Weapons and items are switched about much in the same way. You can scan "recipes" for different items all over the game world, allowing you to change, say, your broadsword into Excalibur or some other cool blade, while you're measly old hammer could become Mjolnir, the hammer of Thor. As a bonus, the different recipes have unique looks that translate into the game world, instead of only being seen in a portrait in the book or something like some games might lazily pull.

There are also some RPG elements to the game. Obviously, in changing the properties of your weapons and armor, you change its effectiveness and damage. But there are also hitpoints and MP to worry about. Plus you get along with people in the world by giving gifts. Slide your way in with some of the girls - or guys if you're playing a girl - and they might just take a hell of a liking to you. Most residents - especially the romancables - also have their own worries and sidequests to take care of.

As you can probably tell, there's plenty to do. It's a pretty hefty little beast, especially for an action RPG. I got a good twenty or thirty hours out of it, just dicking around, changing everythings codes and screwing with the Book of Prophecy. It's a pretty good time.

If there's a downside at all, it's that you can only carry four codes in your inventory at a time. That means you're going to be dumping a lot of codes on any empty spaces on different characters pages and switching codes around. That means flipping back and forth between pages while you take the codes you need out, put them where they need to go, take the unnecessary ones out of the page you're changing and so on. Most of the time it's fun to screw around in the Book of Prophecy, but occasionally, it gets just a little bit tedious. I don't think there would have been much harm in giving an extra slot or two to your code "inventory"; it would have eased the process a bit at times when you need to switch around a lot of codes without sacrificing anything.

Other than that, the game is pretty spiffy.

The Score: 8.5 out of 10

I checked this title out on a whim, mostly because it sounded interesting. What I got was a fairly unique little action RPG that stood out from the pack. I'm a little surprised it's not better known. Aside from a few issues, it's definitely worth tracking down if you can. Definitely recommended.

Saturday, June 23, 2012

X-Men Legacy: Lost Legions (comics)

Writer: Mike Carey
Artist: Khoi Pham
Collects: X-Men Legacy #250-253

Here we are, back again, with what is likely to be my last volume of X-Men Legacy. The last one was just so... yuck that I pretty much haven't felt like reading, much less reviewing, comics recently. Frankly, the last one was so aggressively dull - and questionable - that I would not have continued if I didn't already have this volume in my possession.

Hot on the heels of last volumes events - where we learned several of Legions personalities were running free - we find the cast looking to reclaim them. I mean, they're seperate personalities of a mentally unstable dude each with a power set of their own. You can't just kick back, call it a day and hope somebody else deals with it, especially when one is fond of draining souls and using the bodies like puppets.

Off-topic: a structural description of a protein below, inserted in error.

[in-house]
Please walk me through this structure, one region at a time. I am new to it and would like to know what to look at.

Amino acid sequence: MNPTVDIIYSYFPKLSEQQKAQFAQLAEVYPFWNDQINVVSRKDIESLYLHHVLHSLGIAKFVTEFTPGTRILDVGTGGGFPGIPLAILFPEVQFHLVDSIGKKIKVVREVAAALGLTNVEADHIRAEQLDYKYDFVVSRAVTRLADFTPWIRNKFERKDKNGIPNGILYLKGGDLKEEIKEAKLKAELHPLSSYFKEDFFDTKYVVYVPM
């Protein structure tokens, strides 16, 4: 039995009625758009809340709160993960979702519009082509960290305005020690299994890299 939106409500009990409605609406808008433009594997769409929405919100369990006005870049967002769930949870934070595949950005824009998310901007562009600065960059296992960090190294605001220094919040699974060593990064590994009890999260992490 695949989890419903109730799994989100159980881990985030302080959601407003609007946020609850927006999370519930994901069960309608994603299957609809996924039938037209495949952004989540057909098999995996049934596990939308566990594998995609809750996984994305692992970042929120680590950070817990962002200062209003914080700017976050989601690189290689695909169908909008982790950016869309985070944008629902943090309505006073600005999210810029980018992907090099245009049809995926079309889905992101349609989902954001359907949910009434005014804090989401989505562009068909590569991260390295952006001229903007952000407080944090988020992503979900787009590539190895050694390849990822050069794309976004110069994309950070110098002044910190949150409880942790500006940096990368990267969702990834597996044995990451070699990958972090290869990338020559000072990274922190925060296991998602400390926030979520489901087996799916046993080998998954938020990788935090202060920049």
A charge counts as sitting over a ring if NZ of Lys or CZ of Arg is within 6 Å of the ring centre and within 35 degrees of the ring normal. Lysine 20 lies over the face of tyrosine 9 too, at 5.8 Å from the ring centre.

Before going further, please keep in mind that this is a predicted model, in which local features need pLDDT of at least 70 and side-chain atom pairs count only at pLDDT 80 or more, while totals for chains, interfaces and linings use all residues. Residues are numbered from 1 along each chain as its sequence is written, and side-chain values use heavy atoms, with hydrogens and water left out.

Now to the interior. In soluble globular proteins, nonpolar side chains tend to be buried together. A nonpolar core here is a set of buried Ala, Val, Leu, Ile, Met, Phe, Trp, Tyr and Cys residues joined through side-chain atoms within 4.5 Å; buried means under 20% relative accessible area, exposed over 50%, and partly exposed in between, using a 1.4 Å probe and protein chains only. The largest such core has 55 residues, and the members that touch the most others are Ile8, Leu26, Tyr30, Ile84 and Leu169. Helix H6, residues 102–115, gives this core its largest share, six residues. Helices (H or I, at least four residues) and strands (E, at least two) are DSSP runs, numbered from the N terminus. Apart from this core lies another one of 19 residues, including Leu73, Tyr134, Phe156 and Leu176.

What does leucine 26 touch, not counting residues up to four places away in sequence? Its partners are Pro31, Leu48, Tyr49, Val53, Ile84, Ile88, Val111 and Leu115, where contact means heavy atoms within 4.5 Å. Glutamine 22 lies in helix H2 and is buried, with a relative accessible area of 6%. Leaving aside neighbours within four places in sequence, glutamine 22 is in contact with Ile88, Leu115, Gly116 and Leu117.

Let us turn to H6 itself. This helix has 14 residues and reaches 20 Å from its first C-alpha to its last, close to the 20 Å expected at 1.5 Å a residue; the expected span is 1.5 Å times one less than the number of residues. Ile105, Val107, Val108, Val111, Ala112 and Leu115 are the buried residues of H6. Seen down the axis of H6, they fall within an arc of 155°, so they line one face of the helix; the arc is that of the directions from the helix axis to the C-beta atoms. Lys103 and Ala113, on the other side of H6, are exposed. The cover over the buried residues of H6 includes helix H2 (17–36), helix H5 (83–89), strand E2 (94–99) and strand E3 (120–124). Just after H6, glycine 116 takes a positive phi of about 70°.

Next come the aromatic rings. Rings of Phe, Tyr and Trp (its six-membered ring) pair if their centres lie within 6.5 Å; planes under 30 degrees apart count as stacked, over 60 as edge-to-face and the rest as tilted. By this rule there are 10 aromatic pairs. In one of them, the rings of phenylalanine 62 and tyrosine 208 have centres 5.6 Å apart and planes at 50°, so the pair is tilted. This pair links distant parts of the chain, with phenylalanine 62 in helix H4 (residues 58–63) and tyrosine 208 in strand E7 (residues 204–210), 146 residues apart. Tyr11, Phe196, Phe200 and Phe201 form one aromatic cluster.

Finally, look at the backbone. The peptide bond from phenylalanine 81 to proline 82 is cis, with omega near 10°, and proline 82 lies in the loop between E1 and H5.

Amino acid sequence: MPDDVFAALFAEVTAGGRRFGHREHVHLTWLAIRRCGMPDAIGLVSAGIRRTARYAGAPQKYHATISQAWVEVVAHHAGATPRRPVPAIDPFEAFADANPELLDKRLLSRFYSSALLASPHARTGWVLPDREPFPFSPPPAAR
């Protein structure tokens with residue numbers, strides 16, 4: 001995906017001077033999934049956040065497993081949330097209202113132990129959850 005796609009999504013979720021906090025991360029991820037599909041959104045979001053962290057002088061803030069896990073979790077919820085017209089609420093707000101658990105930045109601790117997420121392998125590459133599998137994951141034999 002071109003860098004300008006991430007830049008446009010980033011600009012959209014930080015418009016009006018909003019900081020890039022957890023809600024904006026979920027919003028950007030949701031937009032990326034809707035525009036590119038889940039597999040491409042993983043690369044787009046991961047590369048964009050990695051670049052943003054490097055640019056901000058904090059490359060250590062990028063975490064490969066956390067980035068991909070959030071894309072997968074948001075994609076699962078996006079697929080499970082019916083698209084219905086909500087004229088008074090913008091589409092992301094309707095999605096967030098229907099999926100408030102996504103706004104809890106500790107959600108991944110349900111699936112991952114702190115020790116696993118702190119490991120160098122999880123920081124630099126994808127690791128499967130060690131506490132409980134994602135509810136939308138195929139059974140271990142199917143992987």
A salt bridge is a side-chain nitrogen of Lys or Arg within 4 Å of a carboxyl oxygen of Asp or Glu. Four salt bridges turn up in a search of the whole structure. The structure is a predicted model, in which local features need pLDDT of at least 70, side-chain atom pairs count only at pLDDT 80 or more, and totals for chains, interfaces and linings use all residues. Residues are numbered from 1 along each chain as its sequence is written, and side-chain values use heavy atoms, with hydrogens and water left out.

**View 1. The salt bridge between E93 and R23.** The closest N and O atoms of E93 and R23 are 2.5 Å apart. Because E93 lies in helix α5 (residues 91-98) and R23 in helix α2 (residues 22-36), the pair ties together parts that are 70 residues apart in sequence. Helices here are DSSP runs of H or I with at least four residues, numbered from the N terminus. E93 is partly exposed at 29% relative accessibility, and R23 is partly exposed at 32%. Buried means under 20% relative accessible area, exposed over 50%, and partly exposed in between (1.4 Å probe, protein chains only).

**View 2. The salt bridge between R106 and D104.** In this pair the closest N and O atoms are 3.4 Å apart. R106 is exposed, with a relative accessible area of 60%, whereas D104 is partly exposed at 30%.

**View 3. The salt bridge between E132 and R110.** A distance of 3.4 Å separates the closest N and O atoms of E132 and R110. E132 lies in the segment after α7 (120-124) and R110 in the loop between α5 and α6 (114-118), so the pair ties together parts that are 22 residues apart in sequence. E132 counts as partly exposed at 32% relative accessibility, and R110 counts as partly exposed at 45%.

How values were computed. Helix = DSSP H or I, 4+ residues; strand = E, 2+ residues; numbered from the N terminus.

This volume redeems the book a little bit. For one, it's a far more straightforward adventure; a far cry from last volume, where a blind mutant mused about bad things coming for the X-Men while semi-invisible giant spiders roamed around and Rogue decided to go have sex with an old homicidal egomaniac. The pleasant characterization returns and hell, Professor X is actually allowed to do something for once, so it can't be all bad.

It's just that there isn't anything remarkable about it. It's good enough that, had last volume not occurred, I may well have continued, but not good enough to erase that sour taste. I'm not sure there was any one element that did it - or if I could even pinpoint what the tipping point was for me - but the previous volume well and truly soured me on this book.

Yet again, we have another artist. It is, of course, no one from the previous two volumes I read, because apparently "regular artist" is a foreign concept to this book. Still, it's Khoi Pham and the work is very, very good. Clean, expressive and far from the muddy, inconsistent art the book has had previously. Frankly, they should have had Pham on from the start.

On the whole, this isn't a bad volume, but it isn't enough to have me keep going. But then, I believe Carey only has one volume left, so who knows. Maybe if it's in the library and I have nothing else to read I'll give it a shot.

The Score: 7 out of 10

And so the search for a good X-Men book continues. Somebody has to put out a good one eventually, right?

Monday, June 18, 2012

Captain America: Prisoner of War (comics)

Writer: Ed Brubaker
Artists: Mike Deodato, Butch Guice, Chris Samnee
Collects: Captain America #616-619

This volume has the distinction of being the last before a relaunch; a new Captain America #1 came about - as I recall this was right around when the movie hit - while this book pulled an Incredible Herc and changed its mission statement whilst retaining the numbering.